U.S. Customs and Border Protection to test small UAS in Arizona, Texas and Vermont
As a part of a pilot program starting this month, the U.S. Customs and Border Protection (CBP) has announced that the U.S. Border Patrol (USBP) will begin evaluating small UAS (sUAS) in the operational environment.
During the pilot, three series of fixed-wing and rotorcraft sUAS—the Puma, Raven, and InstantEye Quadcopter—will be operationally tested in three USBP sectors, starting in Tucson, Arizona, and then transitioning to Rio Grande Valley, Texas, and Swanton, Vermont later this year.
“We anticipate the sUAS program to be a valuable tool for Border Patrol’s highly trained law enforcement personnel in securing our borders and helping identify and intercept illicit activity along U.S. borders,” says Carla Provost, Acting Chief of the U.S. Border Patrol.
Using the remotely piloted small UAS, Border Patrol agents in the field will have access to “reconnaissance, intelligence, surveillance, tracking and acquisition capabilities” in difficult to access areas, or areas that are considered too high-risk for manned aircraft or CBP personnel on the ground.
All of the UAS are designed to be portable, highly maneuverable and rapidly deployable, and will provide “vital sensory and visual data” to agents on the ground.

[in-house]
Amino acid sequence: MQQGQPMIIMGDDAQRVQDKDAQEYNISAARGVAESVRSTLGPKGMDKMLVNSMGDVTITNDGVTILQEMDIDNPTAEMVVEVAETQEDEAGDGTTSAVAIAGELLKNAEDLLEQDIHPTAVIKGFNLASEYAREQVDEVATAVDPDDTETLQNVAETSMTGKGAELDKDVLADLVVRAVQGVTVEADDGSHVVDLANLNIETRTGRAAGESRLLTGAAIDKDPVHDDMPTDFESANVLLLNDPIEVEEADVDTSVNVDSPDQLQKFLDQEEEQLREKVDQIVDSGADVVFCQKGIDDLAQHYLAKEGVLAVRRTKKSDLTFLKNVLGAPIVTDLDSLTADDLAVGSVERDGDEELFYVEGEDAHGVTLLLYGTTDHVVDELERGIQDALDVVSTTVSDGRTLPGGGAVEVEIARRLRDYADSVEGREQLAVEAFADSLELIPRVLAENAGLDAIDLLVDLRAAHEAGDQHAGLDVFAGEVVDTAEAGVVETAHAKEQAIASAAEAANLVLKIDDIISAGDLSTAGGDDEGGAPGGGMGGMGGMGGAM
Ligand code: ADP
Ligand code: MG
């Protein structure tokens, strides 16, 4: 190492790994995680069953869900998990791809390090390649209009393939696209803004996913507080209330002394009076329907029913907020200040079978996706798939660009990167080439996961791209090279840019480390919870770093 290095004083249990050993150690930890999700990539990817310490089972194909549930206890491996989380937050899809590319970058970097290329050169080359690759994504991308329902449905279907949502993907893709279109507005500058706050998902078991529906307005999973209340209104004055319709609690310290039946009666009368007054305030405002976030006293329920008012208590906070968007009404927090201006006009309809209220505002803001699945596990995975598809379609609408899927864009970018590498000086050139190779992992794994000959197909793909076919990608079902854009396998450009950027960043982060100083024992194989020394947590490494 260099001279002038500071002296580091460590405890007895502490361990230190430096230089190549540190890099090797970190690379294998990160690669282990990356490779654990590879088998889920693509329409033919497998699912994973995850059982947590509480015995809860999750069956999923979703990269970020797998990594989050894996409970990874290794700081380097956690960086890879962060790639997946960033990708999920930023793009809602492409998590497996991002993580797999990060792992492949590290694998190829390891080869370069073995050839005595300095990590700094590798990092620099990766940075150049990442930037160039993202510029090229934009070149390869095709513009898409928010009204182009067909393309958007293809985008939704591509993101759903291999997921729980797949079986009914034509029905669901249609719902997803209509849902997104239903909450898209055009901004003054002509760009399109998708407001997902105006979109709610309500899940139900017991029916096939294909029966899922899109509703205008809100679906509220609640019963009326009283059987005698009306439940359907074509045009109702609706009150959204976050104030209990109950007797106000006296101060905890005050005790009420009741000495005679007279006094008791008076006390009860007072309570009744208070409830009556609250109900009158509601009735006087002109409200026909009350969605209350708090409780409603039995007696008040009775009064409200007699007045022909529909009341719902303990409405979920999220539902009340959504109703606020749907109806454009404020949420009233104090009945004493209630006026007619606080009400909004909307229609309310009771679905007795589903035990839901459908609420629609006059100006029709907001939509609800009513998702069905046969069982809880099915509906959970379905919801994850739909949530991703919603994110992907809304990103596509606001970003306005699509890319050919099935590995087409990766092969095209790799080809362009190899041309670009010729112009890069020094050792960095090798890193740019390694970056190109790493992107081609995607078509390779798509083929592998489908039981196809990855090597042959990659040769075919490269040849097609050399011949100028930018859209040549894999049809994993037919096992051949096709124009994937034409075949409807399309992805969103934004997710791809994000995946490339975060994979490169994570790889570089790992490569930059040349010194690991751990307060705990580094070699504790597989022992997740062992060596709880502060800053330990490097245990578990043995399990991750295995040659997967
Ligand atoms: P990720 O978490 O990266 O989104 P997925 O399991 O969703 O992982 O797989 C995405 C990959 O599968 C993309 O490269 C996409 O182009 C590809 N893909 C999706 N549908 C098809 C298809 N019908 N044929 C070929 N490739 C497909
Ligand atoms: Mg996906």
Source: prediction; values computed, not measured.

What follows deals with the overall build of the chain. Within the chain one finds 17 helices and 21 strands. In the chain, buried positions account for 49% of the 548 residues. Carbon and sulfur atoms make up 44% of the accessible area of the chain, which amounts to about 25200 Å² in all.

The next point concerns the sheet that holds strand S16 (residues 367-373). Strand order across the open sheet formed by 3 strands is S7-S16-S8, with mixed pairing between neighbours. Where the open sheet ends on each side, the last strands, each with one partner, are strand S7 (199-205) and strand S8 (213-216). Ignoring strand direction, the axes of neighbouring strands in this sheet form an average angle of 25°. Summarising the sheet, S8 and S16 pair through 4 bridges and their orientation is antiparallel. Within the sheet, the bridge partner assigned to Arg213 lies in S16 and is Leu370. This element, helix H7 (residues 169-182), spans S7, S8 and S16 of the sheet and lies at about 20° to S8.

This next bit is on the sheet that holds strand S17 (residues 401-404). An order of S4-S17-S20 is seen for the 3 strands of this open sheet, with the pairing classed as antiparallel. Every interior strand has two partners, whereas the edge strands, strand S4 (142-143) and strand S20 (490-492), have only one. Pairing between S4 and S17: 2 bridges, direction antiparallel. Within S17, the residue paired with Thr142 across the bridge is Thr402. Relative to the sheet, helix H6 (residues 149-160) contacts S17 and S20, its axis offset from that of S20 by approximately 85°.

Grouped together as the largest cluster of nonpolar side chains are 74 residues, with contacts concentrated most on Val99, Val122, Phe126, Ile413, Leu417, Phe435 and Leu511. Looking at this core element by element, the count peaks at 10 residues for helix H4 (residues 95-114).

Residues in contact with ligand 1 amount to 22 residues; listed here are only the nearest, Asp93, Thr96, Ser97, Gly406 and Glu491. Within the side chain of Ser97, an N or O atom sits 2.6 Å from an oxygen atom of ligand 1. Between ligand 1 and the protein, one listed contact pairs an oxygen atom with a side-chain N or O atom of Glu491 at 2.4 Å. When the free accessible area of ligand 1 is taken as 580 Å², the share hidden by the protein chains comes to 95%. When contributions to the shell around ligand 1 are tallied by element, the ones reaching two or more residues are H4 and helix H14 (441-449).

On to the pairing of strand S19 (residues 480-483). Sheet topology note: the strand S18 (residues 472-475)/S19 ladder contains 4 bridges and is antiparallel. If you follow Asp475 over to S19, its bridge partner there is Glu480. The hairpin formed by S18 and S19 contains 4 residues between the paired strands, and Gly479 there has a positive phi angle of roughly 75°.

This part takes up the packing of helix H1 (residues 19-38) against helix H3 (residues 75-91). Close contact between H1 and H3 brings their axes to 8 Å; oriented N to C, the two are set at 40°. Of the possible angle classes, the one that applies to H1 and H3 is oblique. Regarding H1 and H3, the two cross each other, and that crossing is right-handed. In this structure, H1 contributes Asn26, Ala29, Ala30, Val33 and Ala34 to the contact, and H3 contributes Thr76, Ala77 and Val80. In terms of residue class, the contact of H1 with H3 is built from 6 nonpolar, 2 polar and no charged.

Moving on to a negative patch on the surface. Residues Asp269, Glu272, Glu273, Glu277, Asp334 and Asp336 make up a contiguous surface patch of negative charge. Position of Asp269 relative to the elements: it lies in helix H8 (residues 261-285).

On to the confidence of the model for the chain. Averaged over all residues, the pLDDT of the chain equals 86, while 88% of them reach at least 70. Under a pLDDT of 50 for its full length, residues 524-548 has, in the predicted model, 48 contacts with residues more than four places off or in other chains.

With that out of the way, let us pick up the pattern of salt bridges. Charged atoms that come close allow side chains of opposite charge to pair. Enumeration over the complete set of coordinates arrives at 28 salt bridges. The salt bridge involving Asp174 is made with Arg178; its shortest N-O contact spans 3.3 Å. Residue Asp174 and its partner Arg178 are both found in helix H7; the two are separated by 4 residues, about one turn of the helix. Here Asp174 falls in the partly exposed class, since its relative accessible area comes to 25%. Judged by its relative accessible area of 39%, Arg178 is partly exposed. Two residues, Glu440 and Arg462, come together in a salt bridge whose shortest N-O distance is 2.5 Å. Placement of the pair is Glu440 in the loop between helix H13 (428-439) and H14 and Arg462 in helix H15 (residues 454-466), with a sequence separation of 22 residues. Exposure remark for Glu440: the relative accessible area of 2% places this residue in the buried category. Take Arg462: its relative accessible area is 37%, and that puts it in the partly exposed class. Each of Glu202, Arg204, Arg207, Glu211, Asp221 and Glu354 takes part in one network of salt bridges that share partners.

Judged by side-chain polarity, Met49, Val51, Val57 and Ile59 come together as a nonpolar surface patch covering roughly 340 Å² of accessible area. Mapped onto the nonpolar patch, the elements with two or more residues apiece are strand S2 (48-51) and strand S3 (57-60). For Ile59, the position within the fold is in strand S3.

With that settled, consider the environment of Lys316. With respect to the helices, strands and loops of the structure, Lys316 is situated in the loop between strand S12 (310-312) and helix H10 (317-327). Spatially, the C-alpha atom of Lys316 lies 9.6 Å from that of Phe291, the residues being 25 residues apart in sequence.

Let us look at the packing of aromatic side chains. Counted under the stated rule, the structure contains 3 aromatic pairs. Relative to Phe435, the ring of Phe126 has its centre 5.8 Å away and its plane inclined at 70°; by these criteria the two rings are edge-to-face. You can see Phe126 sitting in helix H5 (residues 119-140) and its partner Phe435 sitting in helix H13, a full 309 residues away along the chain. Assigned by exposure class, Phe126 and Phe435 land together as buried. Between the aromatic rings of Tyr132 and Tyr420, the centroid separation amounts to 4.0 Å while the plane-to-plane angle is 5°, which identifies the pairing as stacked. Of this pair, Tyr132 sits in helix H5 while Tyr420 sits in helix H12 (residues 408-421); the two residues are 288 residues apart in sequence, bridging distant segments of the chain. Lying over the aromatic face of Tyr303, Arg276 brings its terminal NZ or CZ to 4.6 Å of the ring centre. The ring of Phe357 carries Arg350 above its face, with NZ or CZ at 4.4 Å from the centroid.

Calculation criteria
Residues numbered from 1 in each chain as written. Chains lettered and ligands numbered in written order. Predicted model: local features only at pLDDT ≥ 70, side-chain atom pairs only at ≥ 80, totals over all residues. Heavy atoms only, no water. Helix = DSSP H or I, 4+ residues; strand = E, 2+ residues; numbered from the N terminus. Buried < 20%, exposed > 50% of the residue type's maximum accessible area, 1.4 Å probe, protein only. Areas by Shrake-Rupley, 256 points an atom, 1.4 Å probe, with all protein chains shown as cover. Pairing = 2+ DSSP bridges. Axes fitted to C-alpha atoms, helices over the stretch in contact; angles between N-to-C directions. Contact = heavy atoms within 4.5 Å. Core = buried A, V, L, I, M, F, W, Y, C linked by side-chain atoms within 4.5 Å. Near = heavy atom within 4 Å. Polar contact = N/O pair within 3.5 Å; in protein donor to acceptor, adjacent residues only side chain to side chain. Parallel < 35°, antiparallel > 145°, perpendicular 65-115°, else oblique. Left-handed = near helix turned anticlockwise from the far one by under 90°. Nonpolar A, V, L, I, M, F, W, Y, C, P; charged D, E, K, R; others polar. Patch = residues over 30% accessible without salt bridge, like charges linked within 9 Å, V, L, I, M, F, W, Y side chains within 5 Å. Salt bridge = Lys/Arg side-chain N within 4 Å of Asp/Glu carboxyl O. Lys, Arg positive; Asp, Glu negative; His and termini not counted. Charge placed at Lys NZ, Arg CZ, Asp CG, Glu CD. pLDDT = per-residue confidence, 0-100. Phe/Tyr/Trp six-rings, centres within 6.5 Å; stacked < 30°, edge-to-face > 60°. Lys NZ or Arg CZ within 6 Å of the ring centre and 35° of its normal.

“These aircraft will enable Border Patrol agents to surveil remote areas not easily accessible by other means, which is critical to our ability to secure the border,” Provost adds.
“They will also be invaluable for humanitarian missions, aiding in locating individuals in need of medical assistance along inhospitable areas of the border.”
The sUAS pilot will be made up of two rotations in each of the sectors, with the first rotations starting this month, and the second rotations starting in January 2018.
After hot and cold weather capabilities are measured, CBP expects a final review in late spring 2018, which will include “future investment decisions and expansion of the program to other USBP Sectors.”
The USBP will operationally test the UAS under an approved Memorandum of Agreement (MOA) between the FAA and USBP.
The MOA in place “maximizes risk avoidance to commercial and general aviation traffic in the National Airspace System,” and the USBP also has an approved MOA with CBP’s Air and Marine Operations to further address “operational risk avoidance in day-to-day operations.”